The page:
Matt Chan’s Training Protocol

Workout of the day for Wednesday 08/29/12:

Complete 4 rounds for time of:
30 Jump and touch
185 pound Deadlift, 20 reps
10 Handstand push-ups

WOD Demo with CrossFit South Bay by Again Faster Equipment – video [wmv] [mov] [HD mov]


As CrossFit grows we are seeing varying training approaches. Everyone wants to do “what works”. So what works? It seems to be a little different for everyone. So if you are looking for a “guru”, asking “what works”, and looking for the formula that works, another approach might be asking yourself, “What works for me?” The key is sticking to an approach long enough to see the positive effects.

There is a great CrossFit Journal article on  some days in the training life of Rich Froning which is volume intensive training. Rudy Nielsen has the Outlaw method which is a derivative of the Louie Simmon’s Westside Barbell conjugate method placing emphasis on the Olympic lifts and shorter met-cons (sounds like CrossFit Football except CrossFit Football does power lifts as well as Oly with a strength piece and heavy met-con).

Now, we get to look at Matt Chan‘s program leading up to his 2nd place finish at the 2012 CrossFit Games. Basically a approach. I have found CrossFit Verve to be a great resource and Matt Chan to be very inspirational.  I have followed CrossFit Verve’s website for many months.

Below are some excerpts that I copied and pasted, but I encourage you to read the entire article in the CrossFit Journal. What? You don’t have a subscription to the CrossFit Journal, then click here and get yourself a subscription right now!!

As you read the article, remember, Chan was very strong already when starting this program. Strength is the key foundation to Chan’s and any advanced/elite program. Don’t neglect your basic strength work to chase after an approach tailored for athletes who have spent years building their foundation on strength.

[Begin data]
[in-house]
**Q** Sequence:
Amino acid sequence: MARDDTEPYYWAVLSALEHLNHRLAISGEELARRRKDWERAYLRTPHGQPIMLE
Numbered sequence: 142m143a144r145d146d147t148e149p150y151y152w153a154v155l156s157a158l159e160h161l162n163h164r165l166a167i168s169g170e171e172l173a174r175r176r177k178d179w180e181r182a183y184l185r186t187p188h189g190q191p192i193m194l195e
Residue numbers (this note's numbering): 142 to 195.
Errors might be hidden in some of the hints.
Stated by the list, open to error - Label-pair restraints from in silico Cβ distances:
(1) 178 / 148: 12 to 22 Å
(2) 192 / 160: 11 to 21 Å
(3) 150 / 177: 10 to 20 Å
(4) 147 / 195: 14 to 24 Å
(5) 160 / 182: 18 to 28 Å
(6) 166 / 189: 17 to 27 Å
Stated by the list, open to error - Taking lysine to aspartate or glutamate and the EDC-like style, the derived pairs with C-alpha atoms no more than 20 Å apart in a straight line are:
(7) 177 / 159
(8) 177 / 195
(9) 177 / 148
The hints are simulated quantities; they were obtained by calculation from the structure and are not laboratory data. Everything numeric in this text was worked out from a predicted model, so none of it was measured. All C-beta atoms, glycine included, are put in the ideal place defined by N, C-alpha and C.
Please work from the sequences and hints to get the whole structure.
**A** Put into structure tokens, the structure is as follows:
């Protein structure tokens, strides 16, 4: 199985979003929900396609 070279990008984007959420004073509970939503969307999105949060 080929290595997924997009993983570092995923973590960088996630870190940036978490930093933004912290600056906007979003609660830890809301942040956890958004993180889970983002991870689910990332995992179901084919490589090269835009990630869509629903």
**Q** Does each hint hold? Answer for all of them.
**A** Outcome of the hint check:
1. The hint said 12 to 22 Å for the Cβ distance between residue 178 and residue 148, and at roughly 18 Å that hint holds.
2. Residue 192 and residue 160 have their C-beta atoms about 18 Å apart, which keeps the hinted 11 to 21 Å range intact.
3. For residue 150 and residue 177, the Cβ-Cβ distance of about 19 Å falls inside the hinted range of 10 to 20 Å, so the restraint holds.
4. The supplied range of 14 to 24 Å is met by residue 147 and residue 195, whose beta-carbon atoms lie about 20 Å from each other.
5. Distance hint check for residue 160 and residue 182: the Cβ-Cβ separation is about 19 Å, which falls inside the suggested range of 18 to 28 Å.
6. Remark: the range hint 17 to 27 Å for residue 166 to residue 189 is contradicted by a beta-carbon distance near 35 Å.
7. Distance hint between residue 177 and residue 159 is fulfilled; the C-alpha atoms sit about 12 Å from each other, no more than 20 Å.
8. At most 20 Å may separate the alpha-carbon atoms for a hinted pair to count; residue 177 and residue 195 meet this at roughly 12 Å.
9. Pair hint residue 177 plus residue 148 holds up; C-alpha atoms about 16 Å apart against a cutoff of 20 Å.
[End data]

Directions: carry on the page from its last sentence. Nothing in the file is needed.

Post your thoughts to comments.


Losing Control, Winning a Medal

by Andrea Maria Cecil

He did at least one 20-minute-plus workout a week.

“Every week there was two running workouts typically, and it was one in a workout and the other was just training volume of running—running for longer,” Chan said.

The workouts didn’t reinvent the wheel. Many were from or “very typical” CrossFit workouts that focused on stamina rather than strength, Chan said.

“I didn’t necessarily train three on, one off,” Chan said. “I trained based on my recovery score.”

That shook out to be three to four workouts per week most of the time.

In terms of nutrition, Chan increased his Zone Diet blocks from 18 to 21.

CrossFit competitors … should spend time on “what they’re not good at.”

“I think it’s a testament to CrossFit to be 34 years old and still have the ability to be one of the fittest human beings on Earth. And I’m not doing anything special. I’m doing programming,” Chan said.

What made Chan successful… is that his eye wasn’t on the carrot. He took both competitions one workout at a time.



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